Quantum Computing And Cybersecurity

Quantum Computing, Stripe in blue and red

Published: 14 November 2022

Reading time: 3 minutes

In September 2019, Google managed to build a quantum computer. Traditional Computers make use of the binary system, which means they are built up of digital bits which can have a value of either 1 or 0.

Currently emerging Quantum Computers however are built up of quantum bits, so-called “qubits”. Due to certain physical properties, these qubits can exist in multiple states at once, meaning a qubit can represent the value 1, 0, or 1 and 0 simultaneously. 
The Sycamore chip works with 53 qubits. This allows Quantum Computers to work on many computations in parallel and hence exponentially speed up the time it takes to process a task. As a consequence Quantum Computers can solve problems that had been far too computationally intensive, even for current super-computers, to calculate.

Whereas this acceleration of computational power has major benefits and could lead to breakthroughs in many areas like science and medicine, it also brings significant risks.
As mentioned, Quantum Computers have the capability to solve highly complex problems. This however represents a threat when faced with problems that are not supposed to be solved. These are for example mathematical problems used in cryptography.

Cryptography describes the discipline of transforming clear data into ciphers in order to restrict who can read the information. There are two main types of cryptography: symmetric and asymmetric cryptography. In symmetric schemes, the same key is used to encrypt and decrypt the data, while in asymmetric schemes (also called public key) a pair of keys, a publicly shared key for encryption and a private key for decryption, is generated.

Both of these types of cryptography find applications for example when browsing the internet. As symmetric encryption is essentially much faster than public-key encryption, it is used to encrypt communication and information. Public-key cryptography is used to securely exchange symmetric keys and to create and authenticate digital signatures. For example, when visiting a website that uses HTTPS protocols, the browser will authenticate the certificate of the website using public-key encryption and thereafter set up a symmetric key that encrypts the communication from and to the website.

As a result, the authenticity of the website has been checked and all information shared cannot be viewed by a third entity.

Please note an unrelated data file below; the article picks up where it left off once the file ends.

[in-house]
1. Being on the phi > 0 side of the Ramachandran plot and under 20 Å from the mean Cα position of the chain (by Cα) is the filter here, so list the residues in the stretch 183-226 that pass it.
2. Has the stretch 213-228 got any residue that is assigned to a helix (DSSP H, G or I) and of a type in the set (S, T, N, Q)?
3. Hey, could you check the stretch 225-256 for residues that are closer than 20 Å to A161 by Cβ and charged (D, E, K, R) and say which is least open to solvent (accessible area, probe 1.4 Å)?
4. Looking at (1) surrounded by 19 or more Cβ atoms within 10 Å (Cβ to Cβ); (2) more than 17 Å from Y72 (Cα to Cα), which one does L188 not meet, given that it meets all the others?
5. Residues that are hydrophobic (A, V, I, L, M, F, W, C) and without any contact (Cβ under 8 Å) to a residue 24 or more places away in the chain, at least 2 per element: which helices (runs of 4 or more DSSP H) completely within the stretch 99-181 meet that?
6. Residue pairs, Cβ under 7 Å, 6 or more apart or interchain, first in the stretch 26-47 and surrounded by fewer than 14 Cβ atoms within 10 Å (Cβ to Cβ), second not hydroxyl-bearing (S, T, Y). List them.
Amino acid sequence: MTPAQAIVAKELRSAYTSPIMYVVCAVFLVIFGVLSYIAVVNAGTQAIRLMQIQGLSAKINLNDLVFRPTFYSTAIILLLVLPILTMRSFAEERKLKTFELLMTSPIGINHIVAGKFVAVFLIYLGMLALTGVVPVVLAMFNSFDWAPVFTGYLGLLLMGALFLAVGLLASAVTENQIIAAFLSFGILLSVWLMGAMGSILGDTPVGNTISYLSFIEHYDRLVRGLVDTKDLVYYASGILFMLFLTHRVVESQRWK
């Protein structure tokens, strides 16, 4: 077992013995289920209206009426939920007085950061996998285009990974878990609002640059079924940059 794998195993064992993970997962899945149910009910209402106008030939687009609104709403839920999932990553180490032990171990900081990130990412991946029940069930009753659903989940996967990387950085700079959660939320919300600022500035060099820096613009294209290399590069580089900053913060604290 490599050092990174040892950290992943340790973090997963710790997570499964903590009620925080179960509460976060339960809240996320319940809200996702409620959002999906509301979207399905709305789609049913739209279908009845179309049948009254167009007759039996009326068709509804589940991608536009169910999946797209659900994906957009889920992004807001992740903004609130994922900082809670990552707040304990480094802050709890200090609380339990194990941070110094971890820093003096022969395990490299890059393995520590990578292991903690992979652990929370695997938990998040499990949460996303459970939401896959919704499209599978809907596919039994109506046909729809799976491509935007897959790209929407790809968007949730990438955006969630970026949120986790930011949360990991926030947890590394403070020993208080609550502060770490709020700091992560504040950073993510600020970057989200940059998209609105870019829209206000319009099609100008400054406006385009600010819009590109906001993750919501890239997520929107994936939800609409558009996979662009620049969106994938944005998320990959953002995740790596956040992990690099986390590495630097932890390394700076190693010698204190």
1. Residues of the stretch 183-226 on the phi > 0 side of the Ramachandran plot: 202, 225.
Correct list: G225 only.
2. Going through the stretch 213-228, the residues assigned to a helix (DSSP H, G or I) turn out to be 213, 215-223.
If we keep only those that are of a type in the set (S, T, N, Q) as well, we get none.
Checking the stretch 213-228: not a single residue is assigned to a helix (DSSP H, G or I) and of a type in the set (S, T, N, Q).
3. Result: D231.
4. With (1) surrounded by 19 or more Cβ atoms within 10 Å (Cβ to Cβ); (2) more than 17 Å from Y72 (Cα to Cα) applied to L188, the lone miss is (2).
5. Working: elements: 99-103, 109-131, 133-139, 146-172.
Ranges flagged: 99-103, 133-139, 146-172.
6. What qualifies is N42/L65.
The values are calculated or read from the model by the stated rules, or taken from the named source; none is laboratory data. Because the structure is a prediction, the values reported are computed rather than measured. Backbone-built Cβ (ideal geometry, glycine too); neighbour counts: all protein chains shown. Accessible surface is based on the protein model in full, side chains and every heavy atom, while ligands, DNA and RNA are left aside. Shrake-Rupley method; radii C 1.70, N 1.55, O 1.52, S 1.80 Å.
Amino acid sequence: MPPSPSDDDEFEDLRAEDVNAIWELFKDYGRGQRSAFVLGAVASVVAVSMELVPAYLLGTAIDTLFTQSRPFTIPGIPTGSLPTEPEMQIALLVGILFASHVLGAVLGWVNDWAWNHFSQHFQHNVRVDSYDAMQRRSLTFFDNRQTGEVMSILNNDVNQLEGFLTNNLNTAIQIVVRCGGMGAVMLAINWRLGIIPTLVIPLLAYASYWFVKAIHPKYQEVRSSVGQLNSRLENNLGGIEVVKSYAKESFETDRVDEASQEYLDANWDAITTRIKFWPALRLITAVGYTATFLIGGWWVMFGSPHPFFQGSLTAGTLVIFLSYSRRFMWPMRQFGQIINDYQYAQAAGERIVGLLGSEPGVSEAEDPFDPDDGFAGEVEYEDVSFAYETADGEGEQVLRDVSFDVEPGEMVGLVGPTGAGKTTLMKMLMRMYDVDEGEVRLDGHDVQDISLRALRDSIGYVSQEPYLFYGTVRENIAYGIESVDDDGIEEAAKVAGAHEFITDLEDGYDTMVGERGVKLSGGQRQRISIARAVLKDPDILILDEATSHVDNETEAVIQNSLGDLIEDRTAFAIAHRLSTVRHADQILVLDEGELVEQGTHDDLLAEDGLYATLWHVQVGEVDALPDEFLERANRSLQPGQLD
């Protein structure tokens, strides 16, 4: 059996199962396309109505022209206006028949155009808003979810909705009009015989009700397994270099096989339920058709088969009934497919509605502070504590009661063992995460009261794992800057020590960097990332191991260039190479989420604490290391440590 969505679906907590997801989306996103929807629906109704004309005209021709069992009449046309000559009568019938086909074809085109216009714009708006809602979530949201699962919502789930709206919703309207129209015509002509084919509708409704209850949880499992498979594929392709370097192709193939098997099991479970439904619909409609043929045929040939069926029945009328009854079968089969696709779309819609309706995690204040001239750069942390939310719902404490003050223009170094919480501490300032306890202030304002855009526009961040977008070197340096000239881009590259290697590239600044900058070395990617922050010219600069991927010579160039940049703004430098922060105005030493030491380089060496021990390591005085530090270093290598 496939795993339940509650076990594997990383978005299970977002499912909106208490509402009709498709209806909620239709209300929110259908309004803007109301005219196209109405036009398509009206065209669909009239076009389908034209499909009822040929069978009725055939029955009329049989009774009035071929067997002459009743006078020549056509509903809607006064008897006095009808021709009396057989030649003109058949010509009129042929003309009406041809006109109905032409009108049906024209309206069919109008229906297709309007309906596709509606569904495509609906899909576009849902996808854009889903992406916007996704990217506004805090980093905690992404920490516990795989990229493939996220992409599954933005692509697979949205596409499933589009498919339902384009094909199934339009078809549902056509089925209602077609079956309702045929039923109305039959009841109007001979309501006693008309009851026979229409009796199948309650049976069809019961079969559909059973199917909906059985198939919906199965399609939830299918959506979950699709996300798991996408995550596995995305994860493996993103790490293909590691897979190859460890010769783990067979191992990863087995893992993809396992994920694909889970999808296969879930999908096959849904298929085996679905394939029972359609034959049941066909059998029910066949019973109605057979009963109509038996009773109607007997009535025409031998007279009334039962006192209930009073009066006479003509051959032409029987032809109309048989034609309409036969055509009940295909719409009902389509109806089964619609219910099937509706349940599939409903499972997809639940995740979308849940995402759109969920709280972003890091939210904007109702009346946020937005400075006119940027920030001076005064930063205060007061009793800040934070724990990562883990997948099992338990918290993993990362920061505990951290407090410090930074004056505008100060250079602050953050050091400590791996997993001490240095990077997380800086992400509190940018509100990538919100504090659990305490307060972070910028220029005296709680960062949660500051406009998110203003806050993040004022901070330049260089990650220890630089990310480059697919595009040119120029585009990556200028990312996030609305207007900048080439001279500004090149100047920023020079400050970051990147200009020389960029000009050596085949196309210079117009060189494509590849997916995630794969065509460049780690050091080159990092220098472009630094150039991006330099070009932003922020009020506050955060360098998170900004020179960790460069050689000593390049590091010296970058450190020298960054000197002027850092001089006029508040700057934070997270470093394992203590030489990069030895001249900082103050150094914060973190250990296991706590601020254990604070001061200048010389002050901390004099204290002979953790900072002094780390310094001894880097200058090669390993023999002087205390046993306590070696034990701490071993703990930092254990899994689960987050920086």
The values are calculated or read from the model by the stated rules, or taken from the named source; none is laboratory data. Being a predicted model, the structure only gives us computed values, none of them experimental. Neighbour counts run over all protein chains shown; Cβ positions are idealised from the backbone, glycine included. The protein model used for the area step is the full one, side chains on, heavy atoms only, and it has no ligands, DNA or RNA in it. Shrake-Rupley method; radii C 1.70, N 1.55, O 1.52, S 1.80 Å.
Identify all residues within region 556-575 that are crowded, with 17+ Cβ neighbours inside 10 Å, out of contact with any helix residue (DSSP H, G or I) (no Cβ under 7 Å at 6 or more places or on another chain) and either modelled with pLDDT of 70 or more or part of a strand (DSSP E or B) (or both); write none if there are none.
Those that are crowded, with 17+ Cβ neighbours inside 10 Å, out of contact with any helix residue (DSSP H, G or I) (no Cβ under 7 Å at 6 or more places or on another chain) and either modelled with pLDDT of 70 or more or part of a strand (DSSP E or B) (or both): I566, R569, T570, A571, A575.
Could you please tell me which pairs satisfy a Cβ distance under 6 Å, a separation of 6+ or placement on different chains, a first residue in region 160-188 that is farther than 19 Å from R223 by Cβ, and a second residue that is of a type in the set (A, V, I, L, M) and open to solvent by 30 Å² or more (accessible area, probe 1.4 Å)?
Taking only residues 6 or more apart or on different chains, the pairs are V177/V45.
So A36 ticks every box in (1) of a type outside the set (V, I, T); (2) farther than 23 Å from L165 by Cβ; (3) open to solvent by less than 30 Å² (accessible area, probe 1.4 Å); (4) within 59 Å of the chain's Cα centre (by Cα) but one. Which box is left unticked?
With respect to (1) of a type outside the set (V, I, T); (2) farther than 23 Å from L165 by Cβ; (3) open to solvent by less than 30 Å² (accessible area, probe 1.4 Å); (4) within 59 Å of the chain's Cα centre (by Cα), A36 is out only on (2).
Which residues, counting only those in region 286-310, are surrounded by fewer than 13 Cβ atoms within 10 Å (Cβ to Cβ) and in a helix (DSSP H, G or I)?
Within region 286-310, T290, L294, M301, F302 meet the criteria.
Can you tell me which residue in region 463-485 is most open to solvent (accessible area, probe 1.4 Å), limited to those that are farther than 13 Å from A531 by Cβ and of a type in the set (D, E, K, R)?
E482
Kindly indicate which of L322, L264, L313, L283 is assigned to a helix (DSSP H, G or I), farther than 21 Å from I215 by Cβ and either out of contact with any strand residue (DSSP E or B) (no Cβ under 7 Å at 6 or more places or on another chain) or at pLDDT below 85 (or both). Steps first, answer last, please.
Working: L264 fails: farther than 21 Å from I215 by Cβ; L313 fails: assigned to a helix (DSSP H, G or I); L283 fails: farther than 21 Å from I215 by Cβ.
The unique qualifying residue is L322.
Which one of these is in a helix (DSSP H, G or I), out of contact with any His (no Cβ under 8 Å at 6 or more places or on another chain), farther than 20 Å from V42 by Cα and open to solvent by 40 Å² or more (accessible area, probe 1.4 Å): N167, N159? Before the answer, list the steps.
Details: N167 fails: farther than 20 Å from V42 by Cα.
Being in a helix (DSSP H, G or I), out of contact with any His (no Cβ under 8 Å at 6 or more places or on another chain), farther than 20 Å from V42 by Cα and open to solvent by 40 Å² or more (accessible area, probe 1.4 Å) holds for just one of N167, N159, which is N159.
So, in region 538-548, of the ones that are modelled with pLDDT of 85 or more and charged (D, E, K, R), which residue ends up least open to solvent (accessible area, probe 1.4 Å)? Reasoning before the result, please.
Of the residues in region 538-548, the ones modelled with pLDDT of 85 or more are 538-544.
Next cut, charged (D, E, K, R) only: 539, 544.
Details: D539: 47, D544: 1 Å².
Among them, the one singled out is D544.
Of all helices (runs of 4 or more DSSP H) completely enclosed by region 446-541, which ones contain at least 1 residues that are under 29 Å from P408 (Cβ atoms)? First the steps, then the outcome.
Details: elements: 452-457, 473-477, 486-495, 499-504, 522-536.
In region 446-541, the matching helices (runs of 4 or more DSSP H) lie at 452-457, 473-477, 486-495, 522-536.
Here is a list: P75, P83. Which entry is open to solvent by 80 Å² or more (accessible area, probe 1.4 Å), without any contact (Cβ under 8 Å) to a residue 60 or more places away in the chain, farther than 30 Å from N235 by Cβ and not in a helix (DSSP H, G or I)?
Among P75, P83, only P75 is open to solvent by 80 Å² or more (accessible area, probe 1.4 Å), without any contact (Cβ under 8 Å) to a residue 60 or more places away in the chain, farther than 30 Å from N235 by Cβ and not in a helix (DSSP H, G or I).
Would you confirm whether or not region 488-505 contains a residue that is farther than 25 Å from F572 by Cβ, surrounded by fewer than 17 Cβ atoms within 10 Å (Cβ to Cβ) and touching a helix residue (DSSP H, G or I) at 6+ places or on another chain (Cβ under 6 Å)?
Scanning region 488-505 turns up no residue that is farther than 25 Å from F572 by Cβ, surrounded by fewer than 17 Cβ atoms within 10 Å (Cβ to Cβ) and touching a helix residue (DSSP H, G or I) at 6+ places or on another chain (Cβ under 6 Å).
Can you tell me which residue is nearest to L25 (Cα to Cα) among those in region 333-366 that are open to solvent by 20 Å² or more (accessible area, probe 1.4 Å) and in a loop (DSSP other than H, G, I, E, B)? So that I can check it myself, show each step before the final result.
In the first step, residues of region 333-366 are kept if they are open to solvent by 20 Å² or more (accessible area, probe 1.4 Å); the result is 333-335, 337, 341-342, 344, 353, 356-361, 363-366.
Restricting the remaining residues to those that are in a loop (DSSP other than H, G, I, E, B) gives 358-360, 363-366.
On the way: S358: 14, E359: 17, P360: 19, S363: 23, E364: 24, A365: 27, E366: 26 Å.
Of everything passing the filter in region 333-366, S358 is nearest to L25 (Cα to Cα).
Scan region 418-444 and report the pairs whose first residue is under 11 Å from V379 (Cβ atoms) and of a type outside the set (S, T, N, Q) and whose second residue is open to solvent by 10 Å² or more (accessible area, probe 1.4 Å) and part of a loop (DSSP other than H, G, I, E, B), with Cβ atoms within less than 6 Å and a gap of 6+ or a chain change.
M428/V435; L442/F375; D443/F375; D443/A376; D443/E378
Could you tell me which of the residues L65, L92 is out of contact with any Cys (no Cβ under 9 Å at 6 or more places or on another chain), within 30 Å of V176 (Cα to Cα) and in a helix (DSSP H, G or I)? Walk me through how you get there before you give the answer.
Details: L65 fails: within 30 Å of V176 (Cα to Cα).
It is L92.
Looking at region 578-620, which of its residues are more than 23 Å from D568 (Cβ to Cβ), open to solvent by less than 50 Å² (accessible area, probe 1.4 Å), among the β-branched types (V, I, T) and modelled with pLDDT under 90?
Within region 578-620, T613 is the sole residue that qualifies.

The problem is that most cryptographic schemes are based on mathematical problems and their security lies in the fact that these problems cannot be solved. However, as soon as sufficiently powerful Quantum Computers exist, the consequence is that the majority of standard cryptographic schemes today will no longer be secure and object to attack, hence eavesdropping and to digital identity theft.

They may not hit mainstream news often, but major developments in the world of quantum computing are happening all the time. In the first few weeks of 2021 alone, one group of Chinese scientists revealed the world’s first quantum communication network, while another Chinese team launched the county’s first home-grown quantum operating system. The French government, meanwhile, announced a €1.8 billion plan to invest in quantum computers and related technologies, and IBM updated its roadmap for its quantum computing development confirming that it aims to have an 1121 qubit processor in operation by 2023.

Which cryptographic algorithms are vulnerable to quantum computers?
All the asymmetric algorithms in use today are vulnerable because they solve mathematical problems by integer factorization or by calculating discrete logarithms.
A conventional computer finds these problems difficult, but Shor's algorithm can solve them very easily.

That means a hacker with a quantum computer could gain access to confidential data, steal someone else's identity or falsify transactions or legal contracts.
The new algorithms will be quantum-resistant because they will be based on mathematical problems that are among the most difficult to solve, even for a quantum computer.

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